NATO does not like referring to fronts, because this would imply enemies. It prefers everything to be a matter of flanks: the Eastern flank (bordering Russia) and the Southern flank. But this has been superseded too. It is obsolete terminology and now there is talk of a 360º NATO, and scarcely even of ‘borders’ in the two quadrants, something Donald Trump referred to in Brussels. In other words, it looks in all directions. However, as shown with the attack in Manchester, the threat, the plague, emanates both from within and without in the case of a jihadist terrorism to which borders are meaningless. It is this threat that ensures the front has a 360º circumference and even extends inside the circle. The question is whether NATO is the right organisation for addressing the menace.
NATO is already cooperating in this area with its AWACS reconnaissance planes, in support of the international coalition against Islamic State (ISIS or Daesh) in the Middle East. Trump, at last week’s meeting (not summit –the next summit proper does not take place until 2019, to commemorate the 70th anniversary of this long-lasting Alliance–) with the allies advocated and secured NATO’s incorporation into the coalition. France and Germany, which see a limited role for NATO in the fight against terrorism and argue that its image in the Arab world, especially after the chaos of Libya, could prove counter-productive if it is a case of winning local people’s hearts and minds, had to have their arms twisted. It is a formality that changes little in reality: ‘It does not mean that NATO will engage in combat operations’ said Jens Stoltenberg, its Secretary General. Moreover, all the member states are already part of the coalition.
Trump has, fortunately, changed his stance on NATO. He no longer views it as ‘obsolete’, although the Alliance faces many challenges, ranging from cyber-threats to real military capabilities. The Internet is another new front in the fight against terrorism, as the G7 has highlighted. NATO’s image has improved on both sides of the Atlantic, including in Spain after going through a bad patch. Amid more unpredictable threats, the NATO culture has gone back to being dissuasive. This is clear in the case of Russia, even if NATO does not want to label it as an enemy. After Crimea, Ukraine and the pressures exerted on the Baltic States, NATO has rediscovered the language of dissuasion and defence vis-à-vis Moscow, although it wants to avoid any provocation. Within the ambiguity inherent in the concept, dissuasion involves talking about war and nobody wanting to wage it.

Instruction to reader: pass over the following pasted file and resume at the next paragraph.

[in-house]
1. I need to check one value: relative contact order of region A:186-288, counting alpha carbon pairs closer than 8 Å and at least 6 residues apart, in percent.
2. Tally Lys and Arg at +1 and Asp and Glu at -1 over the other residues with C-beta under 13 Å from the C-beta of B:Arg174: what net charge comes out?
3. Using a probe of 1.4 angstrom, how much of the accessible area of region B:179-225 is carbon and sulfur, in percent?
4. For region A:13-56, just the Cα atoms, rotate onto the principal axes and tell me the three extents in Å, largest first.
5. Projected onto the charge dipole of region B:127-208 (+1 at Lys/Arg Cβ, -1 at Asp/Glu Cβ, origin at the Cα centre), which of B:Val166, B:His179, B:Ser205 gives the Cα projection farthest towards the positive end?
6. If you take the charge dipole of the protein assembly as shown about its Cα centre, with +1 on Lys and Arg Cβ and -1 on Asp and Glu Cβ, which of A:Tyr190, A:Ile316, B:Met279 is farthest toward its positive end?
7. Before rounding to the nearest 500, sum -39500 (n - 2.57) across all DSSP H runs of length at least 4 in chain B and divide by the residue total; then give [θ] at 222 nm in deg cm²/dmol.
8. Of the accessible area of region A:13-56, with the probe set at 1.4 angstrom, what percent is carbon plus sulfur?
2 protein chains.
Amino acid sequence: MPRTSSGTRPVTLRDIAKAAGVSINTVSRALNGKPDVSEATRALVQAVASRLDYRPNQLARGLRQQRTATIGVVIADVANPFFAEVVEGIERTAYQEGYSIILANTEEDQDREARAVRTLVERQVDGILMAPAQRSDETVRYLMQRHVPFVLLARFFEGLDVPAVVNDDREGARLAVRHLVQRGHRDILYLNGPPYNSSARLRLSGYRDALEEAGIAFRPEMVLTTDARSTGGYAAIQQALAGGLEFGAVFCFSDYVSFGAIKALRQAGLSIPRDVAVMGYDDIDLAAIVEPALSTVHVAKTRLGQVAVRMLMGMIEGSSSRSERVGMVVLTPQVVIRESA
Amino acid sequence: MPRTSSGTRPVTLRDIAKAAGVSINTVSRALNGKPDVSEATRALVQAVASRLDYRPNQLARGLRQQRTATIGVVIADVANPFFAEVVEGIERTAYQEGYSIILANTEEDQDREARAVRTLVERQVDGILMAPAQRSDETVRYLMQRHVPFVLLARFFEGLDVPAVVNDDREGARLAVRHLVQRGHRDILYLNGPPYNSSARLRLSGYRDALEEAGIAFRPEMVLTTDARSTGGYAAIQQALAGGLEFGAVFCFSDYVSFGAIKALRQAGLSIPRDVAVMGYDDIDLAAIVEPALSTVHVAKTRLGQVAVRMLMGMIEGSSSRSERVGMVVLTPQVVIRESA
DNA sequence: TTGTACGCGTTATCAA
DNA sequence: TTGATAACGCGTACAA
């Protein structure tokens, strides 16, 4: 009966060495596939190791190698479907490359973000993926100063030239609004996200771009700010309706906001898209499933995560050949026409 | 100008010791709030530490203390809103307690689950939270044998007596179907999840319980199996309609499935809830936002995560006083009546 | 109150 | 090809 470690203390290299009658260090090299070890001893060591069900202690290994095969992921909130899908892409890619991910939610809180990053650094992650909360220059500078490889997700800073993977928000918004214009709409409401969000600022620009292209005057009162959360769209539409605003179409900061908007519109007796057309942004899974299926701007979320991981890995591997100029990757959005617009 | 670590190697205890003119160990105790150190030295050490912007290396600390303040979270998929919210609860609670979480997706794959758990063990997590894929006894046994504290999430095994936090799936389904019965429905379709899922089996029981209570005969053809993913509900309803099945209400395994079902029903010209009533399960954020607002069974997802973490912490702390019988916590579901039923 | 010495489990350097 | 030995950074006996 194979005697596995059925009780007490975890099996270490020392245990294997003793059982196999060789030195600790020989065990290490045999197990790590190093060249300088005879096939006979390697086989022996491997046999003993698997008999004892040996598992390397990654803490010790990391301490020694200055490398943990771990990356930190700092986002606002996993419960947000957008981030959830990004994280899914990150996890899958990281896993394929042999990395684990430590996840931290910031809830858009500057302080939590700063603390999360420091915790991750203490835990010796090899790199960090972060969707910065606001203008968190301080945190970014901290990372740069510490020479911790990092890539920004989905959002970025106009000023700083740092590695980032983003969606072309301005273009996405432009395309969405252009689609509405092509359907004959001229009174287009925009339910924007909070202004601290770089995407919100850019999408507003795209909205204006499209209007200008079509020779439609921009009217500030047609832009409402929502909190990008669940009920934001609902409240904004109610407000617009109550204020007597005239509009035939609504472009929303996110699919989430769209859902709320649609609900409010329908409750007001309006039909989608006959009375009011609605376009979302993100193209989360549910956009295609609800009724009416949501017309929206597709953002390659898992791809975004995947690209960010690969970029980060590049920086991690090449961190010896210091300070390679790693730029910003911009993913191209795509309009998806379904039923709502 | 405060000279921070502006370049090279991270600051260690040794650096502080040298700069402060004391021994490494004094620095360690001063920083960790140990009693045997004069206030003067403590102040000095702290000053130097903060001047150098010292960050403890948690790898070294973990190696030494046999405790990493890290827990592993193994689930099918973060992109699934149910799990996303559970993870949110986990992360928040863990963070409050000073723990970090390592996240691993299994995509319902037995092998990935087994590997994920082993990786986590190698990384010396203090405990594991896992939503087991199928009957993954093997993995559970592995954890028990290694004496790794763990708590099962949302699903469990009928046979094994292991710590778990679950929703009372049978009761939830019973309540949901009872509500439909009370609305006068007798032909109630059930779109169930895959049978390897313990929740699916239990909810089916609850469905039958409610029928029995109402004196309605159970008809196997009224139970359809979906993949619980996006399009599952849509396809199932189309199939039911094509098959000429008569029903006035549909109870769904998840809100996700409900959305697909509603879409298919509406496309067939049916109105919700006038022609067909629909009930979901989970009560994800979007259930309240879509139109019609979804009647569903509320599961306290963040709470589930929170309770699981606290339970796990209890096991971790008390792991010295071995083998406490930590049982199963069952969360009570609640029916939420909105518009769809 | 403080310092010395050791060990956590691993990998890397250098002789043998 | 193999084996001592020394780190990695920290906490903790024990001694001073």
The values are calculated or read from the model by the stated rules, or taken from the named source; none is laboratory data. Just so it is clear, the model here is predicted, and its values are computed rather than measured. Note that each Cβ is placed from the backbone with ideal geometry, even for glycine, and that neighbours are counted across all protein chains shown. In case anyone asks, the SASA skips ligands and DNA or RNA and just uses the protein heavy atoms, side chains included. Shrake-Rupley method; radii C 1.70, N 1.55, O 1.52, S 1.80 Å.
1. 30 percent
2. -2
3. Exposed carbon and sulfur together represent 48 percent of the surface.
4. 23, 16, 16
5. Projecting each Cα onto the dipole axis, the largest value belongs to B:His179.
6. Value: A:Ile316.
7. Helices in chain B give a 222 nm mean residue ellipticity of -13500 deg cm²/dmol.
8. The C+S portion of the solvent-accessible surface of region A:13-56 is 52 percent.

That said, in the case of jihadist terrorism it is worth asking how it is possible to dissuade people who are prepared to sacrifice themselves in order to kill, to inflict harm. It is impossible to dissuade against suicide terrorism, because dissuasion is based on the rationality of the participants. A different variety of preventive measure is needed, against terrorism and the causes of terrorism, as they say. Depriving Daesh, like al-Qaeda before it, of its most strategic and symbolic territorial base is important, but what comes next?
What is needed above all is coordination of the information services. In fact, NATO already has a new intelligence division, the Joint Intelligence and Security Division (JISD). And in Naples it has a hub for collecting intelligence and information about the South. How important is the South for NATO? In the East NATO extends as far as Afghanistan, and in the South to the Maghreb. Sub-Saharan Africa is somewhere that the US (and France and other countries) are currently concerning themselves with on their own account or as part of the EU. In any event, Spain is by no means a flank bordering the South (nor is it a rearguard, as it was in the Cold War). France meanwhile does not want NATO to be given extraordinary funding for the fight against terrorism.
The only time NATO has invoked its Article 5 (referring to mutual defence: an attack against one ally is an attack against all) was after the September 11 terrorist attacks in the US in 2001. And it was on this basis, over a considerable period, that justification for the allied action in Afghanistan was sought. The commitment to Article 5 is something that all US Presidents have unconditionally reaffirmed: until the arrival of Trump, who has resisted giving it his public and explicit support as President, after rejecting it as a candidate. It is a silence that became even more deafening in the words he uttered at the unveiling of a monument to 9/11 and Article 5 at the new NATO headquarters. The ambiguity on this commitment (another matter entirely is how an attack would be responded to) undermines the Alliance.
‘Projecting stability’ is the slogan for the approach towards the South. In other words, it is not so much a case of intervening militarily as strengthening local capabilities against destabilisation and building post-conflict institutions. Libya, for instance, has asked for help in setting up a Defence Ministry. NATO can only do so in cooperation with the EU, which has more experience in this area.
What holds for the East does not hold for the South. The threats are different. One is modern, the other pre-modern (with an advanced use of new technologies in conjunction with other older ones). Ultimately, despite the 360º, and NATO’s joining the anti-ISIS coalition, there is no agreement in the Alliance about its priorities in the South. There is, however, agreement regarding the East, despite some tiffs that have failed to disrupt internal solidarity. But NATO started to change in 2014, which saw not only the annexation of Crimea, but also the events in Ukraine and the irruption of Islamic State –in both the East and the South–.